This is what we call entertainment. It’s not a new concept.

Performers stand before us on whatever stage they choose, and we choose to pay attention to it. And far more often than not, we criticize not only their talent and their creations, but their faces, their bodies, their casual remarks, their vacation choices, their wardrobes, their partners and their children.

It’s amazing that anyone chooses to create and perform at all, let alone in a way that is mass distributed, that makes them “famous.” But for those with the music, the words, the magic within them, the idea of not sharing is to deny your spirit.

Let’s be real: to amass any sort of fame for what you’ve produced, there needs to be a healthy amount of ego. There is no such thing as a truly humble celebrity. Thankful, grateful, yes. But to keep creating things of note, you can’t act like your talent was a happy coincidence, a tangential gift. You have to own your talent. You have to think: yes, I made this, and it is good, and I can do it again.

You have to believe that what you’re putting out there is something the world absolutely wants and needs to see. You have to take energy from the other parts of your life and dedicate it to the center of your universe, your craft. And then you have to take care of the thousand and one mundane details that don’t actually directly pertain to your craft, the first and most important being promote, promote, promote.

1% inspiration, 99% perspiration.

If your ego isn’t quite up to snuff, then the act of creation is terrifying and the act of promotion is paralyzing. What was so clever, concise, innovative, important while being constructed in your mind becomes insipid and trivial once you imagine how the world will belittle and criticize.

And they will. No matter how brilliant and talented you are. No matter if they are strangers, your friends or your bedmates. It’s going to happen. It’s going to happen anyway, whether you’re just doing normal day to day things or giving birth to things of joy and consequence. It’s just a matter of degree.

Your job isn’t to cater to the masses. Your job is to put the thing into the world that only you can. Not everybody is going to like it and that’s fine.

So you may as well bask in how brilliant and talented you are while you build big, important things, and let them chatter as they must. 

There’s nothing wrong with a little ego, and a little fear. It’s far better than the alternative: to do nothing ever worth talking about.

Feel the fear— and then go ahead. Dance like everyone is watching.

facing fear

Faced with fear, we all recoil. The question is:

what do we do next?

-Ralph Keyes, The Courage to Write (affiliate link)


FWIW, I don’t care much for Miley Cyrus either. I’m old, I guess.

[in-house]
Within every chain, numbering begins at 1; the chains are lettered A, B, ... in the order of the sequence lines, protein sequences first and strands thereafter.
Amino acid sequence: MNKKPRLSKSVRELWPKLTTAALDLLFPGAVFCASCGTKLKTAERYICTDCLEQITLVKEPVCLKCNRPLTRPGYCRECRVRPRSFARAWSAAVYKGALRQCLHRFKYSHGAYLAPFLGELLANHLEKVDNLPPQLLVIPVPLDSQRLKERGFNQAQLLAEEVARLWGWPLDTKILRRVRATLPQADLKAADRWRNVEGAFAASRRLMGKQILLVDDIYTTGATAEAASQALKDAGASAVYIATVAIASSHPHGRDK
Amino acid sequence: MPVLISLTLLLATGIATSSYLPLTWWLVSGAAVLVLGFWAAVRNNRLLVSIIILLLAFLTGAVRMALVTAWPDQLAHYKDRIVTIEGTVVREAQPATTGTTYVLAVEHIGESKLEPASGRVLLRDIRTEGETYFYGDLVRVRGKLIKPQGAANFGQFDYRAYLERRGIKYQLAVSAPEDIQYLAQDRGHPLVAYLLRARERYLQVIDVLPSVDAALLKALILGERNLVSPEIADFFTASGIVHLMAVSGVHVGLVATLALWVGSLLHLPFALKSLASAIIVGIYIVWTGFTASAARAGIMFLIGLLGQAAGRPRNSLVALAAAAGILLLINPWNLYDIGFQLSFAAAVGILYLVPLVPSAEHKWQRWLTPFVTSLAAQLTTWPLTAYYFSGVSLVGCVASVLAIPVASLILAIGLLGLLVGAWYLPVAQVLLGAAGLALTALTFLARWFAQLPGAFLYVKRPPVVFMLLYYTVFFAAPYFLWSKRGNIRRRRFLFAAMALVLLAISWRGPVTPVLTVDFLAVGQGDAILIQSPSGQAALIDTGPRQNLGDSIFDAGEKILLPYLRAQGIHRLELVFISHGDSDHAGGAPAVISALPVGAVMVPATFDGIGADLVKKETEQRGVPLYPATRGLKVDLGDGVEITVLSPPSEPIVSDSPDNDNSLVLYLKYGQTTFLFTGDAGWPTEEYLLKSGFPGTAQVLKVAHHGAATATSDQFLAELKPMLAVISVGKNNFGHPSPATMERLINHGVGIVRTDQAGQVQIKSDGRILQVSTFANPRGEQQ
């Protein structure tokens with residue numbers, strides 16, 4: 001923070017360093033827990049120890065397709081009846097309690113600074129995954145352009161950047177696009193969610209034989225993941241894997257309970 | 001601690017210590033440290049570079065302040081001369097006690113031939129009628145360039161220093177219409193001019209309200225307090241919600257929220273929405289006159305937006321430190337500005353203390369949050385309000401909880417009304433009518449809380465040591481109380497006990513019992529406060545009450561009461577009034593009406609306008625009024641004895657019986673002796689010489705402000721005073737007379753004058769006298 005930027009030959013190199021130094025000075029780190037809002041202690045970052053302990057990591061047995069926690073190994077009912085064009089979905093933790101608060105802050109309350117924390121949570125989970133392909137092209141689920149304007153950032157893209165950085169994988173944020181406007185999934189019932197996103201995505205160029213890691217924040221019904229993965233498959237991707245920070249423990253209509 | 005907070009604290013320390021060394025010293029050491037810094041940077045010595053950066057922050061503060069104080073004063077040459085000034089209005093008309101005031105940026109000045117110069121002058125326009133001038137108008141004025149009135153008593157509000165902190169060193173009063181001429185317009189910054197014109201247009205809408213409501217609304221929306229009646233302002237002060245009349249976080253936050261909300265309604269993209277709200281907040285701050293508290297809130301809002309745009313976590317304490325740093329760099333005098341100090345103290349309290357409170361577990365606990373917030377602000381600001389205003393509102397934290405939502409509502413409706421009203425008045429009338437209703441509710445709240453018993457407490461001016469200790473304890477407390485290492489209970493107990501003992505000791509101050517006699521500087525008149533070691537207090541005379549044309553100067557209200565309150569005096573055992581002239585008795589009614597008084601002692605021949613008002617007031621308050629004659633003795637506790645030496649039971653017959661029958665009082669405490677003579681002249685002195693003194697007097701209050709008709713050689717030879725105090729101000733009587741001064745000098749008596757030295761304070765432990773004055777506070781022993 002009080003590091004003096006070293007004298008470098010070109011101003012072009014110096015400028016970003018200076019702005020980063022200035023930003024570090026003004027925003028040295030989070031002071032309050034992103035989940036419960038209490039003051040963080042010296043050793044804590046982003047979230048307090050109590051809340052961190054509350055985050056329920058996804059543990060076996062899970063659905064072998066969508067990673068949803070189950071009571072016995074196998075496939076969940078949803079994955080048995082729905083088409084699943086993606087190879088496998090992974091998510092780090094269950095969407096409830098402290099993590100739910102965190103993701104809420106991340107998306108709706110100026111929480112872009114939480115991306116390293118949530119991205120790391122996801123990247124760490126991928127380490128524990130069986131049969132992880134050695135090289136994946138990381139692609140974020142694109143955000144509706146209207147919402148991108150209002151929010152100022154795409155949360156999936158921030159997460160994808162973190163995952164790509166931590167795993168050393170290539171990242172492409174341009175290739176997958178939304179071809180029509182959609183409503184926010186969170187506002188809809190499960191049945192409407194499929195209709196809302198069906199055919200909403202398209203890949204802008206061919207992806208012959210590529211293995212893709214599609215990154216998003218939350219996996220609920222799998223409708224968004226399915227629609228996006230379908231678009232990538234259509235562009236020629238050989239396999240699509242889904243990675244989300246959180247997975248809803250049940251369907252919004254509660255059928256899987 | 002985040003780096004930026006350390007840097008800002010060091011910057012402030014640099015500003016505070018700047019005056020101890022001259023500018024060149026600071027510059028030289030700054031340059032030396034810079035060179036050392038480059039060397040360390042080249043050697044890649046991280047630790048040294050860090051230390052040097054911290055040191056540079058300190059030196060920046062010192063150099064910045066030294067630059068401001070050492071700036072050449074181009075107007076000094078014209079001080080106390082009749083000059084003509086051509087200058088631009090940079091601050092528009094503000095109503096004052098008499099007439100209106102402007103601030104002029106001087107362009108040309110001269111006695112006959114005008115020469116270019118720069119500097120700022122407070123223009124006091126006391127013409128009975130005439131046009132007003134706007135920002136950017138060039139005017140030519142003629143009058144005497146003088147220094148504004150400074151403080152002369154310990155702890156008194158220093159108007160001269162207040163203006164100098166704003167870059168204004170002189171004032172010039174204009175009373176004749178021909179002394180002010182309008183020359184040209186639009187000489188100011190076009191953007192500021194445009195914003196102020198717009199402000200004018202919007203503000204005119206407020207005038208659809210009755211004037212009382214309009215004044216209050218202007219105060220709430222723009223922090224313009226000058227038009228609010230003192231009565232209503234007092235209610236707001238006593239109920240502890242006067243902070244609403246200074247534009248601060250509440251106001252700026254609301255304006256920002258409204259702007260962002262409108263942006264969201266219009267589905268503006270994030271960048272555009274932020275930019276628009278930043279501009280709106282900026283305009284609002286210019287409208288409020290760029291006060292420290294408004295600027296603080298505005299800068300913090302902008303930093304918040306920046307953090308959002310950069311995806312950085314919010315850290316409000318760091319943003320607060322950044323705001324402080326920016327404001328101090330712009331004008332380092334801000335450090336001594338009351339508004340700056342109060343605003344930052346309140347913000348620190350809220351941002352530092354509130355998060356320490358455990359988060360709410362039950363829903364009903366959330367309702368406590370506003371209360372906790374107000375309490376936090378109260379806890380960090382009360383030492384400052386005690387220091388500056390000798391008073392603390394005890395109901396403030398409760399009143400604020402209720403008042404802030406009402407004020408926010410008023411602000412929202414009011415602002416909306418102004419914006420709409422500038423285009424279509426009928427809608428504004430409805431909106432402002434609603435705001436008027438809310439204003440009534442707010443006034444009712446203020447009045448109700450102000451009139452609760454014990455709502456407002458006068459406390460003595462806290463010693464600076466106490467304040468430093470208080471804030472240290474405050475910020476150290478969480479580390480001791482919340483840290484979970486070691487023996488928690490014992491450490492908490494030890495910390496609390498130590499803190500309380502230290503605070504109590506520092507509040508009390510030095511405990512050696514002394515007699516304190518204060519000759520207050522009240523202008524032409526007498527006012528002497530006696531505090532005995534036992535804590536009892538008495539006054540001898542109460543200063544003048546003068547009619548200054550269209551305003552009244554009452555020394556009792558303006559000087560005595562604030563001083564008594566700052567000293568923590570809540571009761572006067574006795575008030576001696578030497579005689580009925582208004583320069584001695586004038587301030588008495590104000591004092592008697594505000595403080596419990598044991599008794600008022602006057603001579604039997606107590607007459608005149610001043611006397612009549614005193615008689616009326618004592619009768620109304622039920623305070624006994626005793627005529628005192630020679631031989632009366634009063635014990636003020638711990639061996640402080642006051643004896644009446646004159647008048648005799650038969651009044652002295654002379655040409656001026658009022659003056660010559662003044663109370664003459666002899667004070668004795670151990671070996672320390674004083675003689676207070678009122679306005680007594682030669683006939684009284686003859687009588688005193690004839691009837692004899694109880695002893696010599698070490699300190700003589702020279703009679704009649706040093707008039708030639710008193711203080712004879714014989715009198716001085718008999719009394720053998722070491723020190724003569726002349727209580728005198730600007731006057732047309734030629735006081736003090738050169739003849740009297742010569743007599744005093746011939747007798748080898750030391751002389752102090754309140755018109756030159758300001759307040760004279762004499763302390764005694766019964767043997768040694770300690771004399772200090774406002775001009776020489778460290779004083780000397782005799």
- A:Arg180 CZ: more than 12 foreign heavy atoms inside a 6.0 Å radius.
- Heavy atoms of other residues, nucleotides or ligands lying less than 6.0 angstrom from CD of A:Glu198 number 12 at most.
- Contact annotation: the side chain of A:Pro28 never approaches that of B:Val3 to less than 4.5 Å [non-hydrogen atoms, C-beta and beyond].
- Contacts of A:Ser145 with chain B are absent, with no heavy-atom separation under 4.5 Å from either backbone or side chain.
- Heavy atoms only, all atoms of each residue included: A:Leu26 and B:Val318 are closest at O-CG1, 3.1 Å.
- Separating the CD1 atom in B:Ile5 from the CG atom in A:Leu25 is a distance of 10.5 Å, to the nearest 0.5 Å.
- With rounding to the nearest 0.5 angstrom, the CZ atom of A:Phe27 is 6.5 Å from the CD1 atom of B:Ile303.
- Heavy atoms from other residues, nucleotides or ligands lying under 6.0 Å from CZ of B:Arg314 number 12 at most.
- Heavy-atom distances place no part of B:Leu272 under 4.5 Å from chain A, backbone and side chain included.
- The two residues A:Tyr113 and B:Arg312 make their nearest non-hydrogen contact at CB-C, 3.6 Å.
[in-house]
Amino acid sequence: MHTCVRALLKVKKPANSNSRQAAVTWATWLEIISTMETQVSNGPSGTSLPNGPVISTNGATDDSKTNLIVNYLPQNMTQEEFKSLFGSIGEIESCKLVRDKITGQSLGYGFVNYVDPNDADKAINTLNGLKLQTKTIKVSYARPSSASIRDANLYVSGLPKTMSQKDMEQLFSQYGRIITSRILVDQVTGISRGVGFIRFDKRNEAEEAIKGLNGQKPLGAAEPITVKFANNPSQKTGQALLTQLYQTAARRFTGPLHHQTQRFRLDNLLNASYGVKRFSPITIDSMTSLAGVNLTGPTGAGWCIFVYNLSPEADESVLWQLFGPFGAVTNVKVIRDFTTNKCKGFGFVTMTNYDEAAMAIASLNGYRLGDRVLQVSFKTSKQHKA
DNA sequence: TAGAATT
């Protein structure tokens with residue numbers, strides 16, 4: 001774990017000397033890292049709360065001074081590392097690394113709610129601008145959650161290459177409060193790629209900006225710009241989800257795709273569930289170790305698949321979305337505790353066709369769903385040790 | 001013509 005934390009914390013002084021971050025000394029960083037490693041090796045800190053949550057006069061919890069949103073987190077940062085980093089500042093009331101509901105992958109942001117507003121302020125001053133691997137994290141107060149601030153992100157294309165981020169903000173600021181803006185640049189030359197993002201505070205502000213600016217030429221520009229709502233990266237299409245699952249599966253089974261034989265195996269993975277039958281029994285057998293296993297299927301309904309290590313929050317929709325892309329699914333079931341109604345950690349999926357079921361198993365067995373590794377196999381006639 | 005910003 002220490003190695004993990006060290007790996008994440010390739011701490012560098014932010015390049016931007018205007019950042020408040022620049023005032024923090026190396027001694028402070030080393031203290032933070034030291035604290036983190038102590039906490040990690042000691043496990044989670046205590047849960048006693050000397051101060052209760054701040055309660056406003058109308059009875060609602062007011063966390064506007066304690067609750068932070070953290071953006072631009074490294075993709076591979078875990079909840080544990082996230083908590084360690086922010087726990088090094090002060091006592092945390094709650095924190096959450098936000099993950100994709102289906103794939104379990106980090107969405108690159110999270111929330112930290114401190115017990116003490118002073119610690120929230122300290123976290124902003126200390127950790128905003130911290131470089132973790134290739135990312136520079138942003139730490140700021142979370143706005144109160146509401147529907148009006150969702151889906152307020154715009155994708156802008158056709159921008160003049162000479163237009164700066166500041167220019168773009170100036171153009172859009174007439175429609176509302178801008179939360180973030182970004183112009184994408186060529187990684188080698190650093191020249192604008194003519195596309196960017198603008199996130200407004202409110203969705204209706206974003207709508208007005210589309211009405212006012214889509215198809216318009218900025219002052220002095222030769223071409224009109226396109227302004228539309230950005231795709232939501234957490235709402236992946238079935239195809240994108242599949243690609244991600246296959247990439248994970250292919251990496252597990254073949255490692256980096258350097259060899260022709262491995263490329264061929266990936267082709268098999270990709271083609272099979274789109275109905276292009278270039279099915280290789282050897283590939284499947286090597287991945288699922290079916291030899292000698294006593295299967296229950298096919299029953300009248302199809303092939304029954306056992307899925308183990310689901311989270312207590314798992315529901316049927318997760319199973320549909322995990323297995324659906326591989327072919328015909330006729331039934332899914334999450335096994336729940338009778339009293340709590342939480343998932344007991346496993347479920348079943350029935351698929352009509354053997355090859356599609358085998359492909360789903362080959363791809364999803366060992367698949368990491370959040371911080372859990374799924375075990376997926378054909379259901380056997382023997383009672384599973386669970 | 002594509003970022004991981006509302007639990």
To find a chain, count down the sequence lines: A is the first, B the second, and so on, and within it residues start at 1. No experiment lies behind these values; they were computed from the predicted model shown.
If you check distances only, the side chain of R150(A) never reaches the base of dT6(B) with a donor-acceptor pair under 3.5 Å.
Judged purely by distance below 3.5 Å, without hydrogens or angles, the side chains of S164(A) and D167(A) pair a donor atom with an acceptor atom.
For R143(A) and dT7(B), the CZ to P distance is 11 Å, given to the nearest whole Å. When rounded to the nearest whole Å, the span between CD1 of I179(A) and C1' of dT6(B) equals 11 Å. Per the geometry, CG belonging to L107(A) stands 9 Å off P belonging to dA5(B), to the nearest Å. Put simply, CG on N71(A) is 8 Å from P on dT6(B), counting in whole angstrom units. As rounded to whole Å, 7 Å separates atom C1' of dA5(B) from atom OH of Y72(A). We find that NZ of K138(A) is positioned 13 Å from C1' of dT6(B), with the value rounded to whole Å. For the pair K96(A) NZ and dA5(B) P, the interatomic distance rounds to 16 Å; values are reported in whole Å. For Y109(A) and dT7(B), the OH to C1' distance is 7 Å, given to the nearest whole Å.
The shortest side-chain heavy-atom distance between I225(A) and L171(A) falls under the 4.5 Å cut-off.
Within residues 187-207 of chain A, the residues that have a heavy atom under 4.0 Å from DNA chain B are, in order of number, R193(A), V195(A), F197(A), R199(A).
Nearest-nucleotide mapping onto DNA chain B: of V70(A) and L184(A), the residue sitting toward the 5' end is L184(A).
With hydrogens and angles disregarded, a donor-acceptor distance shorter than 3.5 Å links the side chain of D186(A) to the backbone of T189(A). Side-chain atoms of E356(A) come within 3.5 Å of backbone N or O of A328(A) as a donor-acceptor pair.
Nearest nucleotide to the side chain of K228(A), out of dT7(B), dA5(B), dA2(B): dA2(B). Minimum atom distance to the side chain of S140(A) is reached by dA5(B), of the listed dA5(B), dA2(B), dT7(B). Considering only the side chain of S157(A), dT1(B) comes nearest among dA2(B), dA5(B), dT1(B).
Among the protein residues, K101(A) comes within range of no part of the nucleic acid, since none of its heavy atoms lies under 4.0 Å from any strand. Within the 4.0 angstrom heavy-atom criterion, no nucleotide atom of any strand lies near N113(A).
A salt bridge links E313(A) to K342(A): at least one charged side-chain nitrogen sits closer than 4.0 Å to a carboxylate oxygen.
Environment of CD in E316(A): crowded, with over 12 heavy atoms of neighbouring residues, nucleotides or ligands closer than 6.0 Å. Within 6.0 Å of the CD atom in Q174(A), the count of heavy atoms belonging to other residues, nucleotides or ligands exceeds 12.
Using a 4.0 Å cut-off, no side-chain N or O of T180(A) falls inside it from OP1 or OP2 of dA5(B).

Refreshingly, I honestly don’t think she cares what I care.


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chicken wingsphoto: Depositphoto


I somehow managed to make it until I was about 30 years old without ever eating a buffalo wing.

Yeah, I KNOW.

Fried chicken, yes. We lived around the corner from a KFC/Taco Bell combo restaurant for years (we never ate there, once you’ve been subjected to the smell on a humid August morning on trash day you never want Taco Bell again). And around the corner from there stood a Walt’s Flavor Crisp, which is without doubt the best fried chicken you can get locally. Walt’s is the only thing I miss about living in the city.

Anyway. We ate fast food pretty much never when I was a kid, wings were not in my mom’s wheelhouse I guess, and I just never ordered wings while eating out.

I was introduced to Buffalo Wild Wings and my culinary world got rocked. Then I tried the wings at the diner at our beach (Chicken or the Egg; their Ludacris wings were a Man Vs Food challenge:

Wings are now one of my go-to comfort foods, surpassed only by my love of a cheesesteak.


This is literally all I can think of when I’m driving home with a bag full of wings.


Anyway. We were out at the grocery store and I happened to see this:



Sweet Baby Ray’s is one of our favorite BBQ sauces, and once I saw that jar I was craving some wings.

Tommy Boy was doing his chant in my head, wings were on sale, I knew we had a ton of vegetable oil in the pantry from a fairly recent Costco run, and lo it was decided we were going to try our hand at making our own.

This is one of those recipes that seems ridiculous to post if you already know how to do it, but I’d only really seen buffalo wings made start-to-finish once and I wasn’t paying close attention. I can’t be the only one who had to look it up, so that’s why I’m sharing.

We have a Presto ProFry deep fryer that my brother lent us, but you can also fry in a deep pot or wok on the stovetop (which is how my mom made eggrolls). It’ll take longer since you’ll be working in smaller batches.